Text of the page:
Right along with pumpkins, there’s nothing that seems more symbolic of the fall harvest season than apples. It’s no secret that Washington apples are known throughout the world for their beauty and crunch. In fact, more than two-thirds of all apples grown in the United States for fresh eating come from the 162,000 acres of apple orchards nestled in the eastern foothills of Washington State. In 2013, the state apple crop destined for the fresh market is estimated at 120 million bushels! There are no harvest machines to pick apples, which means that each of the nearly 12 billion apples harvested is hand picked by an estimated 35,000 to 45,000 pickers. If you put all of the Washington State apples picked in a year side-by-side, they would circle the earth 29 times.
Eating fresh apples is good for you. The average U.S. consumer eats about 16 pounds of fresh apples a year, about one apple per week. A new national survey of 1,021 household shoppers across the nation conducted by the U.S. Apple Association shows people think of apples as the next super fruit. It is an accessible, value-priced, nutritional energy source on par with blueberries and pomegranates.
Although apples are not grown as a commercial crop here in our coastal area, most home gardeners have at least one, or, more often, several apple tree varieties which they savor for fresh eating. There’s nothing more disgusting however, than finding the proverbial worm in the apple. Unfortunately, both apple maggots and codling moth are common pests in home orchards throughout Western Washington. Although neither of these pests is strictly a worm, their larvae are responsible for the majority of damage to local apples. It’s important to know the difference between these two pests, to be able to recognize the insects, and to understand how to manage their invasive behavior.
The larvae of the codling moth are pinkish or cream-colored “worms”, which have distinct black or dark brown heads and six claw-like legs. Codling moth larvae tunnel straight to the core of an apple where they actively feed, often leaving granular, brown excrement around the entry holes that look like sawdust.
Apple maggots on the other hand, are white, headless and legless and worm-like. Fruit infested with apple maggots has a mushy, brown appearance, but the core is left untouched. The apple maggot is the juvenile stage of a fly that emerges during early summer, mates and lays eggs. It doesn’t look like a common fly because it has distinct black and white striped markings on the wings. When laying each egg, the female makes a tiny puncture in the fruit and inserts the egg just below the skin. This initial fruit damage is easily overlooked, but eventually leads to fruit dimpling. The eggs hatch in three to seven days as small, cylindrical, cream-colored larvae known as maggots. The maggots lack legs and visible head capsules, but have dark mouth parts that protrude from tapered heads. As apple maggots tunnel through the apple flesh, they leave characteristic winding brown trails that are best seen when the fruit is cut open. The first indication that a backyard apple tree is infested with apple maggot occurs when the homeowner discovers these brown trails in fruit at harvest. Fruit damaged by apple maggot becomes soft, rotten and often drops from the tree.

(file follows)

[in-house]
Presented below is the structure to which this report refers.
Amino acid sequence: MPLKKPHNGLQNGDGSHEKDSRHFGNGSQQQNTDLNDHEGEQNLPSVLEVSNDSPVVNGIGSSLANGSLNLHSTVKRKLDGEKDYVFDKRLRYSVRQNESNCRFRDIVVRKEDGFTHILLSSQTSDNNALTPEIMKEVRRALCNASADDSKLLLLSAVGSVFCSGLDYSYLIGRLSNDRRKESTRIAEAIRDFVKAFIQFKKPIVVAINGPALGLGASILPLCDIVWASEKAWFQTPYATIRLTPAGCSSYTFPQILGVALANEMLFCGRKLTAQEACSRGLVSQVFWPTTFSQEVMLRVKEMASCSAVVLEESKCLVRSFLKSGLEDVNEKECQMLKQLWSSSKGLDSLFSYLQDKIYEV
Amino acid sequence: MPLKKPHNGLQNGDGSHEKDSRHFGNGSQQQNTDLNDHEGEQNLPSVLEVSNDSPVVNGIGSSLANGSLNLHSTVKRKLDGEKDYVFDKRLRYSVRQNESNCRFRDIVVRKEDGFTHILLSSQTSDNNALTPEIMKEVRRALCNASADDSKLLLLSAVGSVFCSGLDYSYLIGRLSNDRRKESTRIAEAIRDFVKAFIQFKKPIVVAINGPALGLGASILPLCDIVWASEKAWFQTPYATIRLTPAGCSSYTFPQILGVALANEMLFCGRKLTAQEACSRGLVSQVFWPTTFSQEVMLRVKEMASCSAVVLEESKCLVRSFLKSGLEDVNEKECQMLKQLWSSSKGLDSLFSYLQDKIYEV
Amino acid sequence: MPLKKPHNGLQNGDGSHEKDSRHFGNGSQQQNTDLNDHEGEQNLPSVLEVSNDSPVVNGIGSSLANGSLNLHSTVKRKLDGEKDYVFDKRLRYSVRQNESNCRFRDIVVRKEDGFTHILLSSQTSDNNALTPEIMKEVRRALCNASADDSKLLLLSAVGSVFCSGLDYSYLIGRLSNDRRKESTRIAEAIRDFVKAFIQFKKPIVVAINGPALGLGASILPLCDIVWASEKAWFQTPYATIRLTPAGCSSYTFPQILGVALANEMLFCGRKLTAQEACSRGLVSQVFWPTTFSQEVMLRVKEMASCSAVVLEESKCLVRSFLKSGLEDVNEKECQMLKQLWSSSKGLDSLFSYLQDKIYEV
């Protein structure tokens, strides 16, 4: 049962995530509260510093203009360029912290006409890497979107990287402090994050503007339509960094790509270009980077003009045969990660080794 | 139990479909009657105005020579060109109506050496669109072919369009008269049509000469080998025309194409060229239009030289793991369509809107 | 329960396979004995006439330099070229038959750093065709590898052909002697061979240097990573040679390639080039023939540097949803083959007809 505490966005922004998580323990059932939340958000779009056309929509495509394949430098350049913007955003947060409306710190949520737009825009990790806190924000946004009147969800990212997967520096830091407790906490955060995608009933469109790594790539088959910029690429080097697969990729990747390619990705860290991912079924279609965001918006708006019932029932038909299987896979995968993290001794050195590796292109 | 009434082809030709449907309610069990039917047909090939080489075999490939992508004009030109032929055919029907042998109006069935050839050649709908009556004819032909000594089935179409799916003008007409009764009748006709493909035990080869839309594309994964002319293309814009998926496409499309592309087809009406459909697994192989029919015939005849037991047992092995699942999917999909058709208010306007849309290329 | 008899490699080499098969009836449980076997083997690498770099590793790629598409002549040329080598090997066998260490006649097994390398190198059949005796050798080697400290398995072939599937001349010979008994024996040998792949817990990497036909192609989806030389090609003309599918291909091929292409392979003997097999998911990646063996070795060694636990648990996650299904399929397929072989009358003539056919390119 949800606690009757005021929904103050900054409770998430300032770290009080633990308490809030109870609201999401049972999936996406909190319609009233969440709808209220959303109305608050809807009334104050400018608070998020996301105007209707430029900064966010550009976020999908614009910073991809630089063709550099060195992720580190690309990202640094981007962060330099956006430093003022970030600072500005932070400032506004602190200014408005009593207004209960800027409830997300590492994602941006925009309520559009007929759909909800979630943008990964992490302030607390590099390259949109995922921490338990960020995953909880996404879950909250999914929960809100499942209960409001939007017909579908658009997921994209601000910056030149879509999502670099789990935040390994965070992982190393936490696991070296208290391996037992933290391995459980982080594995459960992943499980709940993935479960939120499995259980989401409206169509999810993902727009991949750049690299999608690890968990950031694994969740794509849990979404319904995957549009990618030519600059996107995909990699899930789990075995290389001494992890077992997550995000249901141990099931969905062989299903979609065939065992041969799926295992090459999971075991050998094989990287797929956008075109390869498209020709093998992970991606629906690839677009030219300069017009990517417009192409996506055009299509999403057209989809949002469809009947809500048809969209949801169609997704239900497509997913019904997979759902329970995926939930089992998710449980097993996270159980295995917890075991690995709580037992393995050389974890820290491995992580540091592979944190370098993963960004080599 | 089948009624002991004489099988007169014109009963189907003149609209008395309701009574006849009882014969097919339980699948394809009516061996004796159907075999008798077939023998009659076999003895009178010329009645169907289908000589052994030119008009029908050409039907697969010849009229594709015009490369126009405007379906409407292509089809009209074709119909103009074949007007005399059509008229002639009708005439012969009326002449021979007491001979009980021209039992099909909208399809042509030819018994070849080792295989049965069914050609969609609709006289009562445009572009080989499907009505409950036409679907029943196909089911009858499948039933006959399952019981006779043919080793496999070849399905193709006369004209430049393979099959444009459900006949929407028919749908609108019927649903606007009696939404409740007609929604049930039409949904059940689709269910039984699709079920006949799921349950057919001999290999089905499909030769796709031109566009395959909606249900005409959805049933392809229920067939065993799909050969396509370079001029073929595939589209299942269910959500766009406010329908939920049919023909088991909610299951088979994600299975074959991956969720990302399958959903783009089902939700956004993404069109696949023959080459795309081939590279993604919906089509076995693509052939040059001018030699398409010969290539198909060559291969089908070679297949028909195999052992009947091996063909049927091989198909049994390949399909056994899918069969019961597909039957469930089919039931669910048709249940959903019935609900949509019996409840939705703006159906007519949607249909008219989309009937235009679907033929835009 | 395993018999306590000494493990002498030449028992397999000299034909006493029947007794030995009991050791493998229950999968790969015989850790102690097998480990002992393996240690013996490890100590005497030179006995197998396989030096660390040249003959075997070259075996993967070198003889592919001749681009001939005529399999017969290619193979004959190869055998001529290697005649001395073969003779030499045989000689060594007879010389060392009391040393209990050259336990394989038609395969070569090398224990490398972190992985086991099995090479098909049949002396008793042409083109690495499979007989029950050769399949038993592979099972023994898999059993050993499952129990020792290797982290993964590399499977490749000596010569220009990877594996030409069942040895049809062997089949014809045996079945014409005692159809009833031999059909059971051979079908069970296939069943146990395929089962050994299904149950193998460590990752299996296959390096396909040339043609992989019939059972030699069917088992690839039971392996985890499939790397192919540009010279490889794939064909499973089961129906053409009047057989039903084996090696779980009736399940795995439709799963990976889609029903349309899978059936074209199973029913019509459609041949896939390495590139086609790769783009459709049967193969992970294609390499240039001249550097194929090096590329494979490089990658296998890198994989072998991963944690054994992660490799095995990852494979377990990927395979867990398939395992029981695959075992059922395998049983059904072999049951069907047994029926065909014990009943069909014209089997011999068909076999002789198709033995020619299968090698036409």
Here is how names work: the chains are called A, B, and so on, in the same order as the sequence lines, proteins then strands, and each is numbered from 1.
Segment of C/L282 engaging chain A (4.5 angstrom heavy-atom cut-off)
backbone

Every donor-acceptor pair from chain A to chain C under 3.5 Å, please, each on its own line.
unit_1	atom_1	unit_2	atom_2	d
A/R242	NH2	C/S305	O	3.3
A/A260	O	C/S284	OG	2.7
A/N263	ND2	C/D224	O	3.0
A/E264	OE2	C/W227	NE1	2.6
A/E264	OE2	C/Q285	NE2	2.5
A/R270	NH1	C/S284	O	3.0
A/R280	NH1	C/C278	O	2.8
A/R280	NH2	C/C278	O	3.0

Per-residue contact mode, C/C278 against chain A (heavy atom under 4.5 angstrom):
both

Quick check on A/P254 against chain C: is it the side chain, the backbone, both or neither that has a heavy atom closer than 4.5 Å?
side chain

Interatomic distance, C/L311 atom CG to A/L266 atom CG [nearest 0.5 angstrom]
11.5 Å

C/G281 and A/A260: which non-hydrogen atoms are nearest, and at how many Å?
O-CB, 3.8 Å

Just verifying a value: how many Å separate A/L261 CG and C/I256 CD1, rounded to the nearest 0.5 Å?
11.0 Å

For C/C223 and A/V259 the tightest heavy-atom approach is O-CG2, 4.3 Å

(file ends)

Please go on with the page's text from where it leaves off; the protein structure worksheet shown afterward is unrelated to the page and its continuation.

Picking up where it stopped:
The traditional approach to protecting apples from apple maggot has been spraying backyard trees with organophosphate insecticides. Since the apple maggot spends most of its life within the fruit or buried in the soil, the insecticides must be timed to coincide with adult fly activity. One practical and effective way to monitor apple maggot flies is to hang yellow, rectangular sticky traps in your tree. The yellow color attracts flies over short distances and the flies become trapped by the sticky substance.
Public concern about the misuse and over use of pesticides has led to the removal of most organophosphate insecticides, like Diazinon, from homeowners’ use. One product homeowners may consider using for apple maggot and codling moth control is kaolin clay (sold as Surround, Surround at Home and other trade names). Kaolin products will suppress a broad range of insect pests that feed on apple leaves and apple fruit, including both codling moth and leaf rollers. Organic apple enthusiasts have found success in preventing insect pests by “bagging” apples early in the growing season. Paper or cloth bags are placed around individual fruit and stapled shut at the stem end of the apple. The bags act as physical barriers to prevent insect damage to the fruit.
The best thing home orchard enthusiasts can do to reduce both apple maggot and codling moths in next year’s crop is to pick up and place in plastic bags all infested fruit (windfalls) to prevent these two notorious pests from overwintering. Infested fruit should not be placed in the compost pile.
Q: Last year, our apple tree was just loaded. This year, it has a very light crop. What caused this?
Occasionally certain fruit trees, such as apples, bear heavily one year and sparsely the next. This is called “biennial bearing”. The spring-flowering buds of most hardy fruit trees have actually been formed during the previous summer. Therefore, an especially heavy crop one year may prevent adequate bud formation for the following year.
Biennial bearing is difficult to alter or correct. However, you can induce a return to normal yearly fruit production by early and heavy thinning of the fruit during the year in which the trees are producing their large yield.
This column is printed as a service of the Washington State University Extension Office at Elma. Donald D. Tapio is the regional gardening and farming specialist for Grays Harbor and Pacific counties. He can be reached at (360) 482-2934 or email@example.com.